UCLA to Offer Financial Support to Illegal Immigrants Excluded From Federal Aid Package

May 11, 2020 Updated: May 11, 2020

The University of California-Los Angeles (UCLA) is planning to use its own funds to provide financial aid for illegal immigrant students, who are excluded from receiving federal emergency grants.

The move comes after Education Secretary Betsy DeVos last month clarified that illegal immigrants, including those brought to the United States as children, are not eligible for the $6 billion in emergency grants made available by Congress in the CARES Act to help college students cover expenses incurred due to the ongoing pandemic.

UCLA received about $36 million in federal money through the CARES Act, with half going to students in direct cash grants. The university’s website instructs students to file an online application by May 22 to verify that they are eligible for Federal Financial Aid and have expenses impacted by the pandemic. Each eligible student may receive at least $200 from the CARES program.

Valeria Garcia, program director for the Undocumented Student Program at UCLA, told student newspaper Daily Bruin last week that the university is also planning to offer $200 to illegal immigrant students using the university’s private and institutional grants.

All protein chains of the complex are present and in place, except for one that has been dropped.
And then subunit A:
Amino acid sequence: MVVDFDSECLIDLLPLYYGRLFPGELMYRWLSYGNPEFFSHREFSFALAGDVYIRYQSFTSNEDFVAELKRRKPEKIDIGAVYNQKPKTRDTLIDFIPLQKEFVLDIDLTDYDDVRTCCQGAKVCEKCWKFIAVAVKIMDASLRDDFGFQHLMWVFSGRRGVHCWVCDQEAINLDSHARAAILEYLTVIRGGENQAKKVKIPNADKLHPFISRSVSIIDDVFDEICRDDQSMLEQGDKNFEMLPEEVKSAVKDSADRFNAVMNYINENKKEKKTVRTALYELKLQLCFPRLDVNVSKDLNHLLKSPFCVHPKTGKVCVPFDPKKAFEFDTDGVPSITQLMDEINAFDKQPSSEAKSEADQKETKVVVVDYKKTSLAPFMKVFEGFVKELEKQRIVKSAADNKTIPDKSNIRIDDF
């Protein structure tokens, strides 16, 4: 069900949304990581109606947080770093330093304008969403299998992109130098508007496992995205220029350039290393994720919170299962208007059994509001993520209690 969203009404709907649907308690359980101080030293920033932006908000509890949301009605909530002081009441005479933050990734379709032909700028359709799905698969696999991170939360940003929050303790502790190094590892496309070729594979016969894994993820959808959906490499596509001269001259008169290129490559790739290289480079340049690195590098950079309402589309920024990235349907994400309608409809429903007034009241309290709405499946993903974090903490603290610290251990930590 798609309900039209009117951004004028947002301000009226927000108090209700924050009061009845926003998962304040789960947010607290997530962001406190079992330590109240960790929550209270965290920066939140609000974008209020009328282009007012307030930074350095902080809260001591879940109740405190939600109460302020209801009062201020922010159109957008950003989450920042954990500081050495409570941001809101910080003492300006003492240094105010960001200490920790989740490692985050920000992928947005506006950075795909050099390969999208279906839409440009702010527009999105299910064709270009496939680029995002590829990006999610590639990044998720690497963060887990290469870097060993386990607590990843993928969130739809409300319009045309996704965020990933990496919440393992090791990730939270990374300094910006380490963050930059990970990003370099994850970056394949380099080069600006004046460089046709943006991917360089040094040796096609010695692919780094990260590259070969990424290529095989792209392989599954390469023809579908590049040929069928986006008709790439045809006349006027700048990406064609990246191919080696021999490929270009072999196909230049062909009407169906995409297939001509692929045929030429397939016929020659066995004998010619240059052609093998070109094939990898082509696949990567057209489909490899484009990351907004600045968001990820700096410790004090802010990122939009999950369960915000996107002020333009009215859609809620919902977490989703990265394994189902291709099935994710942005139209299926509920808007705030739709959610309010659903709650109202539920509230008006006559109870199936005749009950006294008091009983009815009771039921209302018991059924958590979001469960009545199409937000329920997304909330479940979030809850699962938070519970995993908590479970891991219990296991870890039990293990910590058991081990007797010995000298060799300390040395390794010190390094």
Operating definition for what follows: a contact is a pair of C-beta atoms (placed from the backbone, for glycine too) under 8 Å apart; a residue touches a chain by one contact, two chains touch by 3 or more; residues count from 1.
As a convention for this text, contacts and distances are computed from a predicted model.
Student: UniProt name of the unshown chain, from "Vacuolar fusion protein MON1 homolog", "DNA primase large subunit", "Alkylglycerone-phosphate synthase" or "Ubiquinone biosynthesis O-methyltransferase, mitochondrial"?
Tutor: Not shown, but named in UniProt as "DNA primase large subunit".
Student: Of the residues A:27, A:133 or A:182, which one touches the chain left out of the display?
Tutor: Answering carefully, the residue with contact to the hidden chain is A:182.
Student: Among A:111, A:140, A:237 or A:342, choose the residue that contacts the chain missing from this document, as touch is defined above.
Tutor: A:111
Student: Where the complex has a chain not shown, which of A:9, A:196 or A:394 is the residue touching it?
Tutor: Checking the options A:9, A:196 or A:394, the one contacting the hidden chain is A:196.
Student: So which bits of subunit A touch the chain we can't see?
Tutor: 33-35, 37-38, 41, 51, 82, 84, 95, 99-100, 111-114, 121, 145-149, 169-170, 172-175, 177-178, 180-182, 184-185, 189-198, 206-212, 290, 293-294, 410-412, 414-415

“These funds will be critical in supporting some of the basic needs for undocumented students and their families,” Garcia said in an email. “It’s important to note that these funds do not equal the amount that is given to individuals through the CARES Act,” she added.

Meanwhile, the state supreme court of California last week rejected a conservative group’s lawsuit challenging Gov. Gavin Newsom’s plan to distribute $75 million to some 150,000 unemployed illegal immigrants via non-profit organizations. Those payments are going to be funded by a combination of taxpayer money and private donations.

The lawsuit, filed by non-profit legal group Center for American Liberty, argued that Newsom’s allocation of state funds violated both state and federal laws that deny unemployment benefits to illegal immigrants. It also contended that the program violated the state Constitution’s ban on giving gifts to organizations that are not exclusively run by the state.

The petition was dismissed by California’s high court in a one-sentence order on May 6 without explanation.

“The Governor made clear in his comments that he is giving $75 million in lieu of unemployment benefits that state and federal law bar to aliens working here illegally,” said attorney Harmeet K. Dhillon, a Republican Party official. “It is also concerning that unnamed nonprofits, who have no accountability to the taxpayer, are going to receive and distribute taxpayer dollars.”